The $400 million Student Support and Academic Enrichment Grant (SSAE) consolidates multiple federal grants into one new Title IV program designed to improve access to a well-rounded education, improve school conditions for learning, and improve the use of technology. Here at Pearson we know how important these funds are for your schools so we’ve created a planning guide to help your district coordinate in advance of anticipated Student Support and Academic Enrichment (SSAE) funds.
What can be funded?
SSAE has three categories of allowable activities:
- Well-rounded educational opportunities
- Safe and healthy students
- Effective use of technology
Within these three areas, funds may be used for direct services for students, professional development, salaries for personnel to carry out activities, and supplemental educational resources and equipment.
Distribution of funds: Every State will get a portion of SSAE funds based on their Title I allocation. Each State will decide if they will distribute funds by formula or via competitive grants. Allocations to Local Education Agencies must be a minimum of $10,000.
PLANNING TIP #1:
Your State’s Department of Education may have additional requirements or areas of focus. Keep watch for announcements of how they will launch SSAE locally because it may look different than how it was outlined in the federal law. Districts receiving more than $30,000 in SSAE funds have additional requirements, such as conducting a comprehensive needs assessment every three years. Download our complete SSAE planning guide.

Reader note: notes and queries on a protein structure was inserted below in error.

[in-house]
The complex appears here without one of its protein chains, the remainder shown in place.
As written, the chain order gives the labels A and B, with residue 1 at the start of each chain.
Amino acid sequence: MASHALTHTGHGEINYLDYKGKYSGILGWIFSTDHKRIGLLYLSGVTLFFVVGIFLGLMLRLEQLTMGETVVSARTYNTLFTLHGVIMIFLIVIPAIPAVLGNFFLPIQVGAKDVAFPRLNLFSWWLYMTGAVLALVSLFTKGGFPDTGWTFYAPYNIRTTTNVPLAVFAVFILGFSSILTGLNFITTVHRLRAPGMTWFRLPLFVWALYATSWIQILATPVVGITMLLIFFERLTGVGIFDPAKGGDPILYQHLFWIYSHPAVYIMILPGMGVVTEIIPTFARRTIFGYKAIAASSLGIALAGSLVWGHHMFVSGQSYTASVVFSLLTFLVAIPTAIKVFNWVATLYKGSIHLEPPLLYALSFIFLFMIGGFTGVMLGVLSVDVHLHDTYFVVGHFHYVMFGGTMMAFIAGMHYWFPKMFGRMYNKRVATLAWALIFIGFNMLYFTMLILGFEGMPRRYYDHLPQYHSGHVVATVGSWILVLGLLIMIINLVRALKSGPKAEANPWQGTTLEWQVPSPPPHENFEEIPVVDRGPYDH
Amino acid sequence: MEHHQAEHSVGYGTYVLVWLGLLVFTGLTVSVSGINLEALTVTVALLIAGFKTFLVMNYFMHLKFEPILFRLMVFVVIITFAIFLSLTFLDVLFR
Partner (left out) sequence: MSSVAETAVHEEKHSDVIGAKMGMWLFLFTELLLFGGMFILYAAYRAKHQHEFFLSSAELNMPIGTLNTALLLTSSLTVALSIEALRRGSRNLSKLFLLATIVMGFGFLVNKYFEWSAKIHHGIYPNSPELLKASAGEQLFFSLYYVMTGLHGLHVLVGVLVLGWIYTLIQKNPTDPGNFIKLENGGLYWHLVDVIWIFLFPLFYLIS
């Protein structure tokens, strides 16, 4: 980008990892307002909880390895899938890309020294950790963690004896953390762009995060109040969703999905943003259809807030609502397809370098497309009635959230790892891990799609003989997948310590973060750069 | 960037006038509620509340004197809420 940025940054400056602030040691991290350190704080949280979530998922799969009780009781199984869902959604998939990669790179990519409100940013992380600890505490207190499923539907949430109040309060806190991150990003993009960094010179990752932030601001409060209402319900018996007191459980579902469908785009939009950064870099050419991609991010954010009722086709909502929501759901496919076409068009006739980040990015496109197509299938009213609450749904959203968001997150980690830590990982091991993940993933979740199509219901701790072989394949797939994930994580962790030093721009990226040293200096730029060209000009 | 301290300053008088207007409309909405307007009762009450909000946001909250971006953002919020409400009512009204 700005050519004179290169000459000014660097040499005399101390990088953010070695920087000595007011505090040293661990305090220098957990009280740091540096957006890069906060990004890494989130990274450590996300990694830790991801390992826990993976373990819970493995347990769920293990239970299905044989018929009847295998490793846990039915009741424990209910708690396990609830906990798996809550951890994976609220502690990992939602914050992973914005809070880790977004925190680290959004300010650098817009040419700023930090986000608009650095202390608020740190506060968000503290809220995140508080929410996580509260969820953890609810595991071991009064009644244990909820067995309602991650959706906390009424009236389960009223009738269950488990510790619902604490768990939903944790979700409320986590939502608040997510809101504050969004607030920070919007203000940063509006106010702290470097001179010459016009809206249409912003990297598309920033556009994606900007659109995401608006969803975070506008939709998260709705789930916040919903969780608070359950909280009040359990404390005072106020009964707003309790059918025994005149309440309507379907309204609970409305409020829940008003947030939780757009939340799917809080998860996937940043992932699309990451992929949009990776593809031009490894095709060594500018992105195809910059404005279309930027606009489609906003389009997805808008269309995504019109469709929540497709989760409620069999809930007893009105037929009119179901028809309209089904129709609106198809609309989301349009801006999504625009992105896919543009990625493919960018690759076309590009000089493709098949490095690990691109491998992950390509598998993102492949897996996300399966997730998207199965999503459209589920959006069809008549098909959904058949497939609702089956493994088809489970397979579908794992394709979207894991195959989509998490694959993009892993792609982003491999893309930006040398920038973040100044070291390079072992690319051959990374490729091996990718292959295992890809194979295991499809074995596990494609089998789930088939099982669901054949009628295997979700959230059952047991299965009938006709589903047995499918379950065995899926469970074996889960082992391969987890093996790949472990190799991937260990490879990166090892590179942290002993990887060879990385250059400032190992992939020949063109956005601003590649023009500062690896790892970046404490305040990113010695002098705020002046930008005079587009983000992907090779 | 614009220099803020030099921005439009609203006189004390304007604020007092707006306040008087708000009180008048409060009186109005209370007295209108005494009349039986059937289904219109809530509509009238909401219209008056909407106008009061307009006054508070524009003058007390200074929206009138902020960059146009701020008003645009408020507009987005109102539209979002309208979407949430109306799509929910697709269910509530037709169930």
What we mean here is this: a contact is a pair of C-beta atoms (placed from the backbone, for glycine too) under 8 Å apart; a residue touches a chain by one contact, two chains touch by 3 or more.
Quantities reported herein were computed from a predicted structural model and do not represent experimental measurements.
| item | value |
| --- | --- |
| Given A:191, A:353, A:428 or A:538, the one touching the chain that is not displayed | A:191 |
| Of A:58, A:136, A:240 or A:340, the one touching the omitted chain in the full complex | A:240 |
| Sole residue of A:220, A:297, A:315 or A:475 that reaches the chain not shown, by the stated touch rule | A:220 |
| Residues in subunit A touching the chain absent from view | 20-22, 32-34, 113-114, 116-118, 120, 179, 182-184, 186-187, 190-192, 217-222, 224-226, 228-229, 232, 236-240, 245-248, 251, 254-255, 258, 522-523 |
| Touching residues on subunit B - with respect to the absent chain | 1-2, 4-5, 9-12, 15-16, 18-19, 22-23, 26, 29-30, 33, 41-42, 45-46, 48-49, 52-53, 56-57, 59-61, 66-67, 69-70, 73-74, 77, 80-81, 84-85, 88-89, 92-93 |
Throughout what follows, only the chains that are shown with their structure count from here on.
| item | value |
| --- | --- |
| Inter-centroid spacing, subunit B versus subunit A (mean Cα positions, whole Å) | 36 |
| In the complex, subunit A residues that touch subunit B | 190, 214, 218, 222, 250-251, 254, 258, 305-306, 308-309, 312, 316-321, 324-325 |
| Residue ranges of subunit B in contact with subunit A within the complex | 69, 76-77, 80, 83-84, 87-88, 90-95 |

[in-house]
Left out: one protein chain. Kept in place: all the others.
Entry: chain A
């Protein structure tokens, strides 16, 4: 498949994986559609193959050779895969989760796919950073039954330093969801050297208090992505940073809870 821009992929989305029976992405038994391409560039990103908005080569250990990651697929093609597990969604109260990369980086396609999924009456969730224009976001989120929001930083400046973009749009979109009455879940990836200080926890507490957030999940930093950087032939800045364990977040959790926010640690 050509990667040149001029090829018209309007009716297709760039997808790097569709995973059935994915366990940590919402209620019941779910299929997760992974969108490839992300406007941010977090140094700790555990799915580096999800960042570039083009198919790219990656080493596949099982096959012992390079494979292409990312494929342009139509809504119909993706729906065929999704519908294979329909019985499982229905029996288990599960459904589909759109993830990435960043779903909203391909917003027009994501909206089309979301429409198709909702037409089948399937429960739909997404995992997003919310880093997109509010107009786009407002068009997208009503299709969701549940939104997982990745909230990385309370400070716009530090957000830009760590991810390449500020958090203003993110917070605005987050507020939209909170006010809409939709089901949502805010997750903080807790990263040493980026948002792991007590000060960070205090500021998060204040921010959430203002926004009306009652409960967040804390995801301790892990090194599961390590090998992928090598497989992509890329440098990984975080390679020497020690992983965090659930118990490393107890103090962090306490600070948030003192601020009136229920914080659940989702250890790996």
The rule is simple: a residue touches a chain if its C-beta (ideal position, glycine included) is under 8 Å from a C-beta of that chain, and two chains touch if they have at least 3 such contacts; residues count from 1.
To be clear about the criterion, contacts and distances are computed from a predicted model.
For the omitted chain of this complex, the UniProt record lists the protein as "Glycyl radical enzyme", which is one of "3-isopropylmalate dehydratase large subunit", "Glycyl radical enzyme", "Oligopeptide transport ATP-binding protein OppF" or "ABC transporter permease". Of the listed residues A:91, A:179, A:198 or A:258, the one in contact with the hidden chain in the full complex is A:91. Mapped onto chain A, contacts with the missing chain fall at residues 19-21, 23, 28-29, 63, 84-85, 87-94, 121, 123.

Schools to be served: Districts must submit applications to the State describing how funds will serve schools that are:
- are among those with the greatest needs,
- have the highest numbers of students from low-income families,
- are identified for comprehensive support and improvement,
- are implementing targeted support and improvement plans, or
- are identified as a persistently dangerous public school.
PLANNING TIP #2:
Find out if your State will distribute SSAE funds by formula or competitive grants and when funds will become available.
- Pros: Your district will get a slice of the federal funds
- Cons: Funds may be spread too thin to have much effect
- Pros: Awards will be larger
- Cons: Not every district will receive funding
PLANNING TIP #3:
SSAE is a broad program with a wide assortment of allowable activities. District stakeholders will likely have conflicting ideas of how the funds should be used.
Anticipating this, your planning team should define a clear process for how project priorities will be determined.
- Superintendent decides based on district priorities
- Consensus among planning committee
- Survey of principals or school board members
PART TWO – Planning Tips for the SSAE
PART THREE – Planning Tips for the SSAE